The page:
This website aims to serve as the start of a roadmap for applying innovative digital sharing approaches to uplift, empower, and serve lower- and middle-income individuals in the developing world. Its findings draw from interviews with digital sharing companies in both developed and developing countries, and from investors, academics, journalists, and development professionals interested in supporting the growth of the global digital sharing economy. We are immensely grateful for their insights.
We’d like to thank the following individuals for sharing their thoughts and experiences with the digital sharing economy:
- Matthew Feeney - Cato Institute
- Parag Jain - Juggernaut, Jugnoo
- Pooja Bhatia - Ozy
- Raymond Besiga - Sparkplug
- Shelby Clark - Relay Rides
- Steven Strauss - Woodrow Wilson School
- Wingham Rowan - Beyond Jobs
- Aashi Vel - Traveling Spoon
- Alastair Sussock - SafeBoda
- Ben White - VC4Africa
- Cam Doody - Bellhops
- Carl Shepherd - HomeAway
- Elizabeth Iorns - Science Exchange
- Katrina Benjamin - Upwork
We would also like to thank our colleagues Dan Zook, Devang Vussonji, Julia Shen, and Marcus Haymon for their feedback on digital sharing models in the developing world.
Methodology for Digital Sharing Map
The three different metrics for measuring trust were used to reflect the multiple dimensions of trust necessary for successful digital sharing: a basic sense of safety – important for sharing rides, homes, and personal information; trust that the economic and justice systems will function fairly in case things go awry; and trust in strangers – important given that virtually all digital sharing transactions are between strangers.
This analysis is a preliminary assessment, which we hope to expand upon and make more robust over time. For each indicator, we aimed to answer the question, “Is this country a more or less challenging environment for digital sharing than the median?” Hence, we began by taking the median value for each indicator, and divided the indicator values for all countries into quartiles.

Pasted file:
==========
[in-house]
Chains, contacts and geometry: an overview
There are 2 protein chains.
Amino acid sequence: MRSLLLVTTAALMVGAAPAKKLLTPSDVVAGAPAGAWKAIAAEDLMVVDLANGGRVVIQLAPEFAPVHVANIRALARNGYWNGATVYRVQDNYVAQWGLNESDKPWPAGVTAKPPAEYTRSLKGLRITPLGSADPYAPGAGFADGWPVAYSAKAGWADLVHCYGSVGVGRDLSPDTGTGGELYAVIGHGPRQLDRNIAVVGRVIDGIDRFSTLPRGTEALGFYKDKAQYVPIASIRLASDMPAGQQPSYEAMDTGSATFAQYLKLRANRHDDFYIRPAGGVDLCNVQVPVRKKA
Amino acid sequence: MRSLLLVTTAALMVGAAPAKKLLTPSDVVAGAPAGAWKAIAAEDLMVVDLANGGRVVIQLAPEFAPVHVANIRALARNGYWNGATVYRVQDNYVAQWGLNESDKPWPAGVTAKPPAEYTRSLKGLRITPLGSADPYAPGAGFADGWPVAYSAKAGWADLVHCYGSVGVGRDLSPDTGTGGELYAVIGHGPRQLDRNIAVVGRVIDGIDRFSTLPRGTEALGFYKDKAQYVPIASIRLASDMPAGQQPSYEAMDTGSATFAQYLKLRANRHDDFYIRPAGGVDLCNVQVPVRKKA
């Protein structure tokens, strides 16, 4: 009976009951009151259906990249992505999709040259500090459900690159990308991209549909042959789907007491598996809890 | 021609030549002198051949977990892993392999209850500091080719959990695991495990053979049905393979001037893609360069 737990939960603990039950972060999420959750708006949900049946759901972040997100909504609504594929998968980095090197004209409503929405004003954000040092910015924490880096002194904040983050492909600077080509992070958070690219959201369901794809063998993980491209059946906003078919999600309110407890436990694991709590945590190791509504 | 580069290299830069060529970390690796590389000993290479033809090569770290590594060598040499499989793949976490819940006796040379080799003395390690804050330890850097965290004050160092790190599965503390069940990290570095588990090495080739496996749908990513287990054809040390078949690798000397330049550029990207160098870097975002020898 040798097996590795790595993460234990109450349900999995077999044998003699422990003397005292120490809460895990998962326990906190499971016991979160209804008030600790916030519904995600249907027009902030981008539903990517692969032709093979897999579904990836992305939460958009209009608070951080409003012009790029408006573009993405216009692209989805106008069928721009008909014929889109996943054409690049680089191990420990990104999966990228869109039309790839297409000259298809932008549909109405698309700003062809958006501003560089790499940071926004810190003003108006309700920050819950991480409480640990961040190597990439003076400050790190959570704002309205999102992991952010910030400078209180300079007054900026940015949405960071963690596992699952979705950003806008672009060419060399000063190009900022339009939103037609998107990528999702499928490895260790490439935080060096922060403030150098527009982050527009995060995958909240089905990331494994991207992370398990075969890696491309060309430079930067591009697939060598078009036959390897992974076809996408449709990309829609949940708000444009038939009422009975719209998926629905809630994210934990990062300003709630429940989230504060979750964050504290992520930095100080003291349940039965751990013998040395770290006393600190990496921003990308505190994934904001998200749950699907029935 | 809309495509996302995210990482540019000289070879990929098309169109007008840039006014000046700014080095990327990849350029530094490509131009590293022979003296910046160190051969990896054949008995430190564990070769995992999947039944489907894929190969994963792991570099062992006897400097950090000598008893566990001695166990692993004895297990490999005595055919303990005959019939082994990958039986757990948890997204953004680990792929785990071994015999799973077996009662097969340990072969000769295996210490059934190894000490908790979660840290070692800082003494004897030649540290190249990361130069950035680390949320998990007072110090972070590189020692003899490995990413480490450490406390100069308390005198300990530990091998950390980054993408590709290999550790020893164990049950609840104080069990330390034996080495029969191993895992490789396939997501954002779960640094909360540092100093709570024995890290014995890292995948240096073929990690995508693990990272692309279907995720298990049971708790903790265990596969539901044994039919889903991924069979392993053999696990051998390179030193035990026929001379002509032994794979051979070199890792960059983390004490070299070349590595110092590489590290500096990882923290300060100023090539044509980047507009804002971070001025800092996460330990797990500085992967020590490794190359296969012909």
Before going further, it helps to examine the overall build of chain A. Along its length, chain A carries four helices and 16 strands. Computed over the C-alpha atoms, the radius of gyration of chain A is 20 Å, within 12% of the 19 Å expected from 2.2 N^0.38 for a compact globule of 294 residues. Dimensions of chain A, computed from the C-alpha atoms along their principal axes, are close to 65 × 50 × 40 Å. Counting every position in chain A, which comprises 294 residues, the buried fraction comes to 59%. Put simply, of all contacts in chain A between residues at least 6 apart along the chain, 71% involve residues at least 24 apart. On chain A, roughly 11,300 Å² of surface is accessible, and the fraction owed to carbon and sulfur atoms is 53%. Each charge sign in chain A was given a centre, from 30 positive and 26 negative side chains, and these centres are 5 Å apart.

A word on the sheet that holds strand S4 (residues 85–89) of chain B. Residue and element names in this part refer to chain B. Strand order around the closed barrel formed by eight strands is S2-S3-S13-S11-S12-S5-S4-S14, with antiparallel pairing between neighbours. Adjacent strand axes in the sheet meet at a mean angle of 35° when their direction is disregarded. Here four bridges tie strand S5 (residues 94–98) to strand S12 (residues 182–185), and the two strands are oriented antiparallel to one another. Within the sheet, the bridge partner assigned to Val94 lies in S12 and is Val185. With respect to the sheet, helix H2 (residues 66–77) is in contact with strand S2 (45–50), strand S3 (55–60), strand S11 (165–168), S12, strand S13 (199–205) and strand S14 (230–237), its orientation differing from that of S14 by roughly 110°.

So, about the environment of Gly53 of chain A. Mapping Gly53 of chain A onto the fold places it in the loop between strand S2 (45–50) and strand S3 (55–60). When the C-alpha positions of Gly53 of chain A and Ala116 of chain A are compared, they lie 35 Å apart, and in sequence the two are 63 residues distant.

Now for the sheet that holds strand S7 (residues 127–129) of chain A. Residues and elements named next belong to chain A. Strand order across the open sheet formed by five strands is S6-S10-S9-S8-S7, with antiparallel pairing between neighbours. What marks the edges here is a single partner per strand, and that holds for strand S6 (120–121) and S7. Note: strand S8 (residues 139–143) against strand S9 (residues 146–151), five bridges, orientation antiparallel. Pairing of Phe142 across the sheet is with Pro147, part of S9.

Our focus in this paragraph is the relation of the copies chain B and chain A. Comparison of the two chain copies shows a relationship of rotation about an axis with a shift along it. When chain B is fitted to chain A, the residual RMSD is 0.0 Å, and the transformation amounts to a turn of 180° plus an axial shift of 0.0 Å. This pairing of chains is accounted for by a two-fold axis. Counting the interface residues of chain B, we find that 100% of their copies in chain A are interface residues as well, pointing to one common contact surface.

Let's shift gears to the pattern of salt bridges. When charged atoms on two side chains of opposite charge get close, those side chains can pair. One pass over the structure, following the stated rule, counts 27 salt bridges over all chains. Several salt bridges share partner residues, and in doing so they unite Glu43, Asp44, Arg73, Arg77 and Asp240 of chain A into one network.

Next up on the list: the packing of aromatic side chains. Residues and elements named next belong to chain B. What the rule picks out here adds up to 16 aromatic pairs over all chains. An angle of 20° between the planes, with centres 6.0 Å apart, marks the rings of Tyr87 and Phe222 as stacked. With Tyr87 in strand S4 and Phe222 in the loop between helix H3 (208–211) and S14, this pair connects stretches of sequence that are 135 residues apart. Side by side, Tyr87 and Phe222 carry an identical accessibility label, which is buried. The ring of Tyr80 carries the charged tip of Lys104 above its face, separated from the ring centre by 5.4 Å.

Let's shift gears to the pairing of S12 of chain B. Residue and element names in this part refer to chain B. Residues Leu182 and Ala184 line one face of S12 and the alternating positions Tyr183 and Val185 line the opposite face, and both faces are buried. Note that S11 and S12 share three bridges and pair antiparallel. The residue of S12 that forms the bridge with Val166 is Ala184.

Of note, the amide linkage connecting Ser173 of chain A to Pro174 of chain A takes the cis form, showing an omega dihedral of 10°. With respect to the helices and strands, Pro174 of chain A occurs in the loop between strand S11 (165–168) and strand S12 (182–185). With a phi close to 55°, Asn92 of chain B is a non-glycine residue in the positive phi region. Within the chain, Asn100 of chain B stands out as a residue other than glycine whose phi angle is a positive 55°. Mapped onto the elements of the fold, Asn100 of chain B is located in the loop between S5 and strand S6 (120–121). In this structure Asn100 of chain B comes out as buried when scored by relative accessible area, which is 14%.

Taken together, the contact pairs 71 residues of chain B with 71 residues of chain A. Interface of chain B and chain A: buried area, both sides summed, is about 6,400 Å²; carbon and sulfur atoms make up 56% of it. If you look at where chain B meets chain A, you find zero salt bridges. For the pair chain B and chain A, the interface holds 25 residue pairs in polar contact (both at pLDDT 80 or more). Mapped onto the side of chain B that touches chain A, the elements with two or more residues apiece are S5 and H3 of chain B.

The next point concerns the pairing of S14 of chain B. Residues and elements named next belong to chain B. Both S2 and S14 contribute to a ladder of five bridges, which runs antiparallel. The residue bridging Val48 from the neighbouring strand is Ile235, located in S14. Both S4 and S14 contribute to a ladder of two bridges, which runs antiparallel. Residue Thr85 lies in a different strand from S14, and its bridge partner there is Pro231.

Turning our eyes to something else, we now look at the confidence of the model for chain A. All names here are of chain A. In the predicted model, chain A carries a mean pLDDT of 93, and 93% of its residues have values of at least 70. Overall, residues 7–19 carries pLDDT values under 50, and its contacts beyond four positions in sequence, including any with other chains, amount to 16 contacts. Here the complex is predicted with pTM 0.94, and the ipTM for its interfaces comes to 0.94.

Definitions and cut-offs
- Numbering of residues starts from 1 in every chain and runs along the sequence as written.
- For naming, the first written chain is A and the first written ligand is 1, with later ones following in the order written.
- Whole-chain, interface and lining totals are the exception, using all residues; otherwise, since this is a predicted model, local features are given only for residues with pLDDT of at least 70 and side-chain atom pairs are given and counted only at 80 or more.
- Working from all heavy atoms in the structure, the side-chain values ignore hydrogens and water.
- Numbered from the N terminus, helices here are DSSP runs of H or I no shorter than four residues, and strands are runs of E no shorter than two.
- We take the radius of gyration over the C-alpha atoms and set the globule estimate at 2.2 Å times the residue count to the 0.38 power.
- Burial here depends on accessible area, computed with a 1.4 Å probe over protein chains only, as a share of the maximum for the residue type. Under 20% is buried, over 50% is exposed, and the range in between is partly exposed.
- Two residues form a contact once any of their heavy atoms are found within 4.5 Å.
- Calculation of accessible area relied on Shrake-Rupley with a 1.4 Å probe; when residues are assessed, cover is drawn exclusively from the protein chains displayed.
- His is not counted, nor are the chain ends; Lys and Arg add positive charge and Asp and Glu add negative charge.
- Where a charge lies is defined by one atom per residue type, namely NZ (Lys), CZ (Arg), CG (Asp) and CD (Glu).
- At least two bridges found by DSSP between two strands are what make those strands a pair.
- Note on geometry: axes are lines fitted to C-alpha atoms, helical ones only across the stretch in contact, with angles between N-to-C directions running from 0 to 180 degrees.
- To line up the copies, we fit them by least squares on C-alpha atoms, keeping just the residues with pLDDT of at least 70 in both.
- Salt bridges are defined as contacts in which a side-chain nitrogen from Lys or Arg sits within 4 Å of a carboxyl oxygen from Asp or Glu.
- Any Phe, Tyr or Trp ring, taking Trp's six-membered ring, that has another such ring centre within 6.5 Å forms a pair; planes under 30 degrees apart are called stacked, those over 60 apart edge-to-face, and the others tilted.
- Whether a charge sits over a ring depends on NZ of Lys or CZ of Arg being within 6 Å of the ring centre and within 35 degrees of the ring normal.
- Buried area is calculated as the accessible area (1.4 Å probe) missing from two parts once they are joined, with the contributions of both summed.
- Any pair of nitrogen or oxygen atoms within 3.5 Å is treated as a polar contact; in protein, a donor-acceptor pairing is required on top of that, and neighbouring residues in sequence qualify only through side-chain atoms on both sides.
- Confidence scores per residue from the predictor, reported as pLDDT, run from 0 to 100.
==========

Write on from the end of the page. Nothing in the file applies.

Countries whose metric fell in the first quartile (the worst outcomes for digital sharing) were assigned a dummy variable of 0. Those that fell into the fourth (best) quartile were assigned a dummy variable of 9; countries with indicator values in the second and third quartiles were assigned values between 1 and 8. These dummy variables were then summed for each country across the five indicators to develop the reported score, out of a possible total of 45.
Hence, a score of 43 – equivalent to New Zealand or South Korea – should be interpreted as “this country scored in the highest quartile on all five indicators, suggesting a highly supportive environment for digital sharing.” Similarly, a score of 30 – such as for Malaysia, Uruguay, and Bulgaria – should be interpreted as referring to a country that "has many of the necessary components for a digital sharing economy, and is likely to see growth in digital sharing over the next decade."
Metrics and Sources
We measured digital sharing readiness for countries with GDP per capita below $20,000.
The map shows composite scores for the 119 countries with fully available data on the five input metrics for the latest year available:
- Trust: A combination of three equally weighted sub-metrics: (i) Number of intentional homicides per 100,000 people, (ii) Perceived corruption by country, and (iii) Degree of trust toward strangers; see rationale below (sources: UNODC (2012), Corruption Perception Index (2014), World Values Survey (2014))
- Connectivity: Mobile subscriptions per 100 people (source: World Bank (2014))
- Literacy: Literacy rate (source: UNESCO Institute for Statistics (2015))
- Digital payments: Percentage of individuals who used an account to make a transaction through a mobile phone (source: World Bank Global FINDEX (2014))
- Public and private support for entrepreneurship: (i) Venture capital and private equity investment attractiveness by country (sources: IESE VC and PE Country Attractiveness Index (2015) and Global Innovation Index (2015)) and (ii) ease of doing business as determined by regulations on entrepreneurial activity (source: World Bank Doing Business Index (2015)).